The arts are our inheritance, and our legacy  
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By Nancy Flinchbaugh,
Daughter of Jean Turner Flinchbaugh –
whose father, James Raymond Turner
shared grandparents with Ruth

Labyrinth Meeting

On a lovely October day, our church women gathered for retreat on the edge of Buck Creek Reservoir near Springfield, Ohio. My friends and I rolled out our newly created canvas “Living Vine Labyrinth” and began to circle in, under the ceiling of trees, near the dancing, shining water. Falling leaves joined us on the path; as the wind swirled, signaling the changing season.

I kept watch over others enjoying our sacred space on this maiden outdoor voyage of our little labyrinth, lovingly decorated with green vines and flowers of all of the colors of the rainbow. Only three months old, the space had already begun to wind its way into our hearts and help forge a new spiritual happening among us. On this afternoon, Jennifer walked the labyrinth. She stopped at each flower and held her arms out at her sides, closed her eyes and tilted her head up to the heavens. Madgelyn sat on a corner chair and watched her daughter’s prayer.

After Jennifer completed her walk, they approached me to chat.

“It’s beautiful,” Madgelyn said.

“I felt the colors merging,” Jennifer told us. “This is very nice.”

I smiled at their happiness with our prayer cloth. “It’s so nice to have it outside, today,” I said.

After more conversation, Madgelyn asked me if I had an Aunt Ruth.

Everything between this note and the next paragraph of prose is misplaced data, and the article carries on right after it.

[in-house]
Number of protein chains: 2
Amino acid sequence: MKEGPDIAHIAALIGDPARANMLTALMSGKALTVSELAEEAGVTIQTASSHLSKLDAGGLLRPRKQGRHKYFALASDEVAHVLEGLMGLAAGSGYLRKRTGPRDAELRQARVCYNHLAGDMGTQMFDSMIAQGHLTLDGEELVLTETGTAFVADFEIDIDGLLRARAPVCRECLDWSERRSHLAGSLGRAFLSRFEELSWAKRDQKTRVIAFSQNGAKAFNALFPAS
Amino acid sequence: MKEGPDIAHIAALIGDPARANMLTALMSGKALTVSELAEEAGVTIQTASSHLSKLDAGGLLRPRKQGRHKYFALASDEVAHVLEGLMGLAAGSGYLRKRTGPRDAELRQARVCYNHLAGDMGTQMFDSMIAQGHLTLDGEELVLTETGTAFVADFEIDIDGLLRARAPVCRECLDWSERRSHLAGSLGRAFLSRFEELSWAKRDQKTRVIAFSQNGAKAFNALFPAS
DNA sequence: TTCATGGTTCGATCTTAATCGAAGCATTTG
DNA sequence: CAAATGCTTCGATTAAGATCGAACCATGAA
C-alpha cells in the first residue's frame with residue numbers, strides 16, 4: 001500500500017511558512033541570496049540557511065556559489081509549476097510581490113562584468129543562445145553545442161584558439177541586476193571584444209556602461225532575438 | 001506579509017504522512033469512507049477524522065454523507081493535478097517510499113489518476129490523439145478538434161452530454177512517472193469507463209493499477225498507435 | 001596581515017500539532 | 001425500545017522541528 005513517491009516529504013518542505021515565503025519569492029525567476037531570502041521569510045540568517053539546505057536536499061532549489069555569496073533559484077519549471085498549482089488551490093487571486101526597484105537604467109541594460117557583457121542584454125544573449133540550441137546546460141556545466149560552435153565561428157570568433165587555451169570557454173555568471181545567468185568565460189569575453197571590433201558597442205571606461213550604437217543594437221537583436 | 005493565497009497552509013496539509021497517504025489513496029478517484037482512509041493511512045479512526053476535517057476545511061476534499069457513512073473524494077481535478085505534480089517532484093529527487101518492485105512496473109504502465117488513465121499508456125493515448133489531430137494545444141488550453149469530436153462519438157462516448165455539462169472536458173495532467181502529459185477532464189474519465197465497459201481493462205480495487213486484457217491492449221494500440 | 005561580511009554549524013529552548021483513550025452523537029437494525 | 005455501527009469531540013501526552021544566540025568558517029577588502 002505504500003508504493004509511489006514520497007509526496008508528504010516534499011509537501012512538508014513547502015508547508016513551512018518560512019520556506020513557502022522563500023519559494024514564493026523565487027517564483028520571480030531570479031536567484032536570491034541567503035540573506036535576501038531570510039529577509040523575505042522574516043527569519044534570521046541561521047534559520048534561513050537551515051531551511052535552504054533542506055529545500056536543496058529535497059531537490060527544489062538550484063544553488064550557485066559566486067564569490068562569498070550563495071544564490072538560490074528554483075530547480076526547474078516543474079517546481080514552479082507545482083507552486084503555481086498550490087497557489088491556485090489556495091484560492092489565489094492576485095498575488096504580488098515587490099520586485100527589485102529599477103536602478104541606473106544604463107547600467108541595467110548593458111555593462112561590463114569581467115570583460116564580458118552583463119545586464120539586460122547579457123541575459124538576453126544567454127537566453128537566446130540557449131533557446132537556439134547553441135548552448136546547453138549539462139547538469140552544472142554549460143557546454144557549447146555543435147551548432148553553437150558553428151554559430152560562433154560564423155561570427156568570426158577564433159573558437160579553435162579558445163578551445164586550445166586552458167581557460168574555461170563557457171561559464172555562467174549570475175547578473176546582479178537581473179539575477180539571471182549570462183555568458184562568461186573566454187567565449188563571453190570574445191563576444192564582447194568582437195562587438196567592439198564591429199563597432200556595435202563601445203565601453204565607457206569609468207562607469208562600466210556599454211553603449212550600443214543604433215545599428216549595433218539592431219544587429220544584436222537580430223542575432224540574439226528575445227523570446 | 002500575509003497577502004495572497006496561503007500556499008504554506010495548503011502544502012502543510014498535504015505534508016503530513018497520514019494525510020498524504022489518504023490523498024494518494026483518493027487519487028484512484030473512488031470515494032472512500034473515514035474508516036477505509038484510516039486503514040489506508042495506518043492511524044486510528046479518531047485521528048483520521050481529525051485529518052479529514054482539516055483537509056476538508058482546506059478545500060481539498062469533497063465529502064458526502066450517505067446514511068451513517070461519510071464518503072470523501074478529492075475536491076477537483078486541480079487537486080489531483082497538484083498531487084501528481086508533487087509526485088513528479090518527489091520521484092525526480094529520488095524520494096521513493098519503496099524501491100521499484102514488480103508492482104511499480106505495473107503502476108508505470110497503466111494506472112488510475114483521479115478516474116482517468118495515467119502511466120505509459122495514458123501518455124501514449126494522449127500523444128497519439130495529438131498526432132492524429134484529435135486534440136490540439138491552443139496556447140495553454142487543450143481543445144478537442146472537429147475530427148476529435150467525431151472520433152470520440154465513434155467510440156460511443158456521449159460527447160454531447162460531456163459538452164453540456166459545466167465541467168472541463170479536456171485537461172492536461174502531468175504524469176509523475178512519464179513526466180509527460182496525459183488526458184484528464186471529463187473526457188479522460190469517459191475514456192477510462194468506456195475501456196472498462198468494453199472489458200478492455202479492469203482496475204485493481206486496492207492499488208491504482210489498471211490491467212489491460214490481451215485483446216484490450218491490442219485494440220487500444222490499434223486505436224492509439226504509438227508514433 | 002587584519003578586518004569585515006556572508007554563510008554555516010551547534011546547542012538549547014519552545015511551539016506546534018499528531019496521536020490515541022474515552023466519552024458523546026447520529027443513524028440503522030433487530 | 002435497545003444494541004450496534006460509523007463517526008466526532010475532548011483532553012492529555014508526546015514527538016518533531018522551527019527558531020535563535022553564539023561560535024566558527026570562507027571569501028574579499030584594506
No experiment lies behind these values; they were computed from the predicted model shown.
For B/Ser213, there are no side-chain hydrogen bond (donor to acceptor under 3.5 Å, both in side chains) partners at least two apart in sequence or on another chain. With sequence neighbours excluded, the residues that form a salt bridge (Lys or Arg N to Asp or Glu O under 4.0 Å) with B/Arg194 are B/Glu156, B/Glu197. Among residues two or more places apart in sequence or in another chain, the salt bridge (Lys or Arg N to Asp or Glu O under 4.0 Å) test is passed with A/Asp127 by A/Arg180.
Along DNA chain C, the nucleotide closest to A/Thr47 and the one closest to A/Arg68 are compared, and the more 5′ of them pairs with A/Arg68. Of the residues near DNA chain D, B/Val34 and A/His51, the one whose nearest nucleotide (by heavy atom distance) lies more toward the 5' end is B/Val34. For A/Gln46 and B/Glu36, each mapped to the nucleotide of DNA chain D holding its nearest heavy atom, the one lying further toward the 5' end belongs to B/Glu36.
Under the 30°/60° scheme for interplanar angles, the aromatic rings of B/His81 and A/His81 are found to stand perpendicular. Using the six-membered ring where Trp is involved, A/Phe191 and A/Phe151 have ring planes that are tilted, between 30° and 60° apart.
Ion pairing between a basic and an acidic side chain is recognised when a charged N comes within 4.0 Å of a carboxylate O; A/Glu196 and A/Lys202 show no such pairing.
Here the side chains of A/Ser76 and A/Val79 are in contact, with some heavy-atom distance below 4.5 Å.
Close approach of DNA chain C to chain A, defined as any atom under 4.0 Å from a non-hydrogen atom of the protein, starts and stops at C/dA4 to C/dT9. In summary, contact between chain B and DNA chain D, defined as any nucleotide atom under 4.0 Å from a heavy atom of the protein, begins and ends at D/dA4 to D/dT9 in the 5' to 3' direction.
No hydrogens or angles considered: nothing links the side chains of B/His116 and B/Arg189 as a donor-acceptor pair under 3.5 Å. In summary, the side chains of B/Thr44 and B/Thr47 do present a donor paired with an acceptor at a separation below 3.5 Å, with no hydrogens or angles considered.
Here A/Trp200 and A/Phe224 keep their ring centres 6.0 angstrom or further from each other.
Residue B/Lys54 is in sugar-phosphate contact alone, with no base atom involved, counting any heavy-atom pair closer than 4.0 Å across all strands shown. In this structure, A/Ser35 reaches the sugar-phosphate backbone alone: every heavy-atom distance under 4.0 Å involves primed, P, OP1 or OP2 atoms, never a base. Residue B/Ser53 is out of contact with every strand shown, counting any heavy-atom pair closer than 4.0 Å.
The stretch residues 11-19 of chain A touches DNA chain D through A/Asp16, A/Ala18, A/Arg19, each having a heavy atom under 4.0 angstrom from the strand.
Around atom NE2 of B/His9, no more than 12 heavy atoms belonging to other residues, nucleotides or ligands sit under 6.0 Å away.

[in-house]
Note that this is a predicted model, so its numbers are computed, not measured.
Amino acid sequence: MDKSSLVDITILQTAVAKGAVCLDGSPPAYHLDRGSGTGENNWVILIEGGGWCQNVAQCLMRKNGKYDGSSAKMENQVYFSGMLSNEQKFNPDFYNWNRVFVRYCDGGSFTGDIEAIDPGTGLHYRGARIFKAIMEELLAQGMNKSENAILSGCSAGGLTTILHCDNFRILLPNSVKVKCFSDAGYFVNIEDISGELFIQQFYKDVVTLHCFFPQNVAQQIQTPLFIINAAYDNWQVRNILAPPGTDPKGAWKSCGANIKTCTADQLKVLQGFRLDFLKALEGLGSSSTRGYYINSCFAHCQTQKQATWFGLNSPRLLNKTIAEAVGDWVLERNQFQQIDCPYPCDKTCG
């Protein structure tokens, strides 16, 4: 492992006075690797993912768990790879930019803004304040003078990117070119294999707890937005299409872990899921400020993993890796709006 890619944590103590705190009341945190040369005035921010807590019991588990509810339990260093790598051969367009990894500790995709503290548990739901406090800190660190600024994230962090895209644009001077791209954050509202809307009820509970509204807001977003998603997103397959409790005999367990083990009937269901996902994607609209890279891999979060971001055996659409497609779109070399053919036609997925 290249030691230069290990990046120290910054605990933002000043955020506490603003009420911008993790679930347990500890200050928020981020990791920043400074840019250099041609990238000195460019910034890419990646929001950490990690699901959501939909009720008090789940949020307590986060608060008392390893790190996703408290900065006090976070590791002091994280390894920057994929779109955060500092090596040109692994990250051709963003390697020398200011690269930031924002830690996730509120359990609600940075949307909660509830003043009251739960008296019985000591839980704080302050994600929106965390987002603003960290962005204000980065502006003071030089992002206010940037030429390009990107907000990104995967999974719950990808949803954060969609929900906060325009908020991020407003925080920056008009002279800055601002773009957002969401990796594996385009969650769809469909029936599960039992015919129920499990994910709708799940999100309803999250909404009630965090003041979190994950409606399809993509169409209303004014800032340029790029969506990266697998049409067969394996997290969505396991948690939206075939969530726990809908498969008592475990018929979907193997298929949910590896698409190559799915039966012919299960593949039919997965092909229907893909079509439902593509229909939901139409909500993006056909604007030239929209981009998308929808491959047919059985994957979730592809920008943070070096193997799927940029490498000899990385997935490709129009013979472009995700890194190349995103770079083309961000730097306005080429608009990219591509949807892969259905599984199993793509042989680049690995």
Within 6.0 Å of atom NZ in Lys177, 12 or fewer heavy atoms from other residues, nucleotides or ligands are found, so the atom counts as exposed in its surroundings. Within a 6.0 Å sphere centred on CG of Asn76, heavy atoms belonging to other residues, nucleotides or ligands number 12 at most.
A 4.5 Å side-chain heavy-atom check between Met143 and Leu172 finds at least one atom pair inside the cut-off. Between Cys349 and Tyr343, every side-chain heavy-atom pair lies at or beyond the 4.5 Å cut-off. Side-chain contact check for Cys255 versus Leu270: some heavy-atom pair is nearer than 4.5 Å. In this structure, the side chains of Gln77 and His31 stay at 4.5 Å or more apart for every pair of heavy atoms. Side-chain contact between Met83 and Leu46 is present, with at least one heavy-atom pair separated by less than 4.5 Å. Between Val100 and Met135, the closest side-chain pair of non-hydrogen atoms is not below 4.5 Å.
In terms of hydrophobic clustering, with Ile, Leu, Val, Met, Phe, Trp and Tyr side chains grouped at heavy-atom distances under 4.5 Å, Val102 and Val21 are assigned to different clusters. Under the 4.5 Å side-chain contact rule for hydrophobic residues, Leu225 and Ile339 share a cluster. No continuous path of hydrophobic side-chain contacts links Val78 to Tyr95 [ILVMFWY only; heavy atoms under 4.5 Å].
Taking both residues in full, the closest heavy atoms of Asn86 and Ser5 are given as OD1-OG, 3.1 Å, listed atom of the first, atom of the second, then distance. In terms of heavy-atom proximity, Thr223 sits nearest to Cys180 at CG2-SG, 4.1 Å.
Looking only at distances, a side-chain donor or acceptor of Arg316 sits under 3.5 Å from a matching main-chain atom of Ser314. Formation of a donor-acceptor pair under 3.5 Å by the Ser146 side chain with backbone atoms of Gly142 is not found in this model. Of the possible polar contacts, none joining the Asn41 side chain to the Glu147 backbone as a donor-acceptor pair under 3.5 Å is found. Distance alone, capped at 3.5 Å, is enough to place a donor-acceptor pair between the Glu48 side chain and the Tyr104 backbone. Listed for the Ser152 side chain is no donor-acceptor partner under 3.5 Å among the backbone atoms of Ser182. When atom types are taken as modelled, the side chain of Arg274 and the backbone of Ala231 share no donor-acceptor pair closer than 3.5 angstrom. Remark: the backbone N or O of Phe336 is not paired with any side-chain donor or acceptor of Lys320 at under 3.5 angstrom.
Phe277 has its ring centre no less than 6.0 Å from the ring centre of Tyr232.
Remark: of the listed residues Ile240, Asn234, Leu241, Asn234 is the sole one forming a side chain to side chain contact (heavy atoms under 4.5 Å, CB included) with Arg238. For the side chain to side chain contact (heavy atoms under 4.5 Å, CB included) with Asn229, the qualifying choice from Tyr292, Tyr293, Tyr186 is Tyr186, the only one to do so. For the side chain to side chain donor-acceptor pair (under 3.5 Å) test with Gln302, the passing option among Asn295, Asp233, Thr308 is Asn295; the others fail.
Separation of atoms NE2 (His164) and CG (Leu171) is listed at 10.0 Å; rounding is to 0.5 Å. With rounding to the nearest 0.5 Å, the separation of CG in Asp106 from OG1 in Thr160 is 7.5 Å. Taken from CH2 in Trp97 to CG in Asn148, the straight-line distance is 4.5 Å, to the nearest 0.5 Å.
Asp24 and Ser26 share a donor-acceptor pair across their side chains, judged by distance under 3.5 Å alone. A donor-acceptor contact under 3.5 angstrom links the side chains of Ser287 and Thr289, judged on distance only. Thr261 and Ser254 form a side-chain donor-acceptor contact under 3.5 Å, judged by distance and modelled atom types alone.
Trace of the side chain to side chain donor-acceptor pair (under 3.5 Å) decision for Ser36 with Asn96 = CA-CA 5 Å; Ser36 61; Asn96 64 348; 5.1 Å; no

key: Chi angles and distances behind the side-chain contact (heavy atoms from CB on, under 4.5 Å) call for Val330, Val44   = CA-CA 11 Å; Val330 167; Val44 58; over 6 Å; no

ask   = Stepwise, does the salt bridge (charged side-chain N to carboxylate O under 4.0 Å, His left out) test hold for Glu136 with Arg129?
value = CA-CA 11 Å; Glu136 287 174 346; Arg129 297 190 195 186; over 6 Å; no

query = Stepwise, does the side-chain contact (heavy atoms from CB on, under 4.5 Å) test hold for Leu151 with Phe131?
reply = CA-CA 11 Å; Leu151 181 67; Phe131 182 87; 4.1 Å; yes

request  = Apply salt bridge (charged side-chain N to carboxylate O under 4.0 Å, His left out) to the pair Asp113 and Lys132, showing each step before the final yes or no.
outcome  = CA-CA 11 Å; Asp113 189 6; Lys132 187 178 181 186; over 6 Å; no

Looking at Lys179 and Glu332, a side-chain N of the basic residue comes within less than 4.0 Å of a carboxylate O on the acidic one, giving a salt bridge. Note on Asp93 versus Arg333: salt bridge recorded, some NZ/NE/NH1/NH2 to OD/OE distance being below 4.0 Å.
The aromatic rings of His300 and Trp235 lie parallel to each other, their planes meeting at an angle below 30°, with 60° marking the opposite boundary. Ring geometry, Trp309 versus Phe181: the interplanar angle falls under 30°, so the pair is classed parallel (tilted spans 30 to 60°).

“Aunt Ruth?” I asked. My mind raced through the branches of our family tree, even though I knew no Aunt Ruth hung there. Somewhat confused, yet wondering, I replied, “No, I don’t have an Aunt Ruth. But we have some Ruths here at the retreat, inside.”

“No,” she said. “No, this isn’t anyone still living.”

I stood and pondered. Ruth. I didn’t have an Aunt Ruth, I was sure of it. And just as I was ready to dismiss her question, I thought again. No, no Aunt Ruth – but there was a Ruth. Yes, there was. Ruth. Ruth Turner.

“My mother’s father had a cousin, Ruth. Ruth Turner.” I told her, still somewhat befuddled that a stranger would reach into my life with clarity.

“She helped you with this labyrinth,” Madgelyn told me. “She will help you with your artistic pursuits.”

I smiled. I laughed. “She helped make the labyrinth?” I asked.

“Yes, with the vines and the flowers. She helped with this.”

Not quite sure of that, I laughed again. “OK,” I said.

“You can think of her as your guardian angel,” Madgelyn told me.

And so, that day began my quest to discover more about this woman, Ruth. If she were to be my guardian angel, well, then I wanted to know her more fully.

Back Home

The next day, I sat on the sofa in my morning prayer ritual. I suddenly became aware once more of Ruth. There in our living room, she had already made herself known. On the floor in front me, I remembered -- the Turner family heirloom Persian carpet that had once graced her bedroom. I jumped up and knelt down to look at the rug. Definitely vines and flowers, attached to trees in the intricate pattern of blues and pinks and white. So perhaps the idea for the labyrinth came from the carpet on which I walked each day. Or did the idea come directly from Ruth who slept for years with the carpet? Or did the idea come from the Persian artist awakened in Ruth and now passed on to me?

The mystery began to thicken. I realized that Ruth Turner was indeed a part of my life.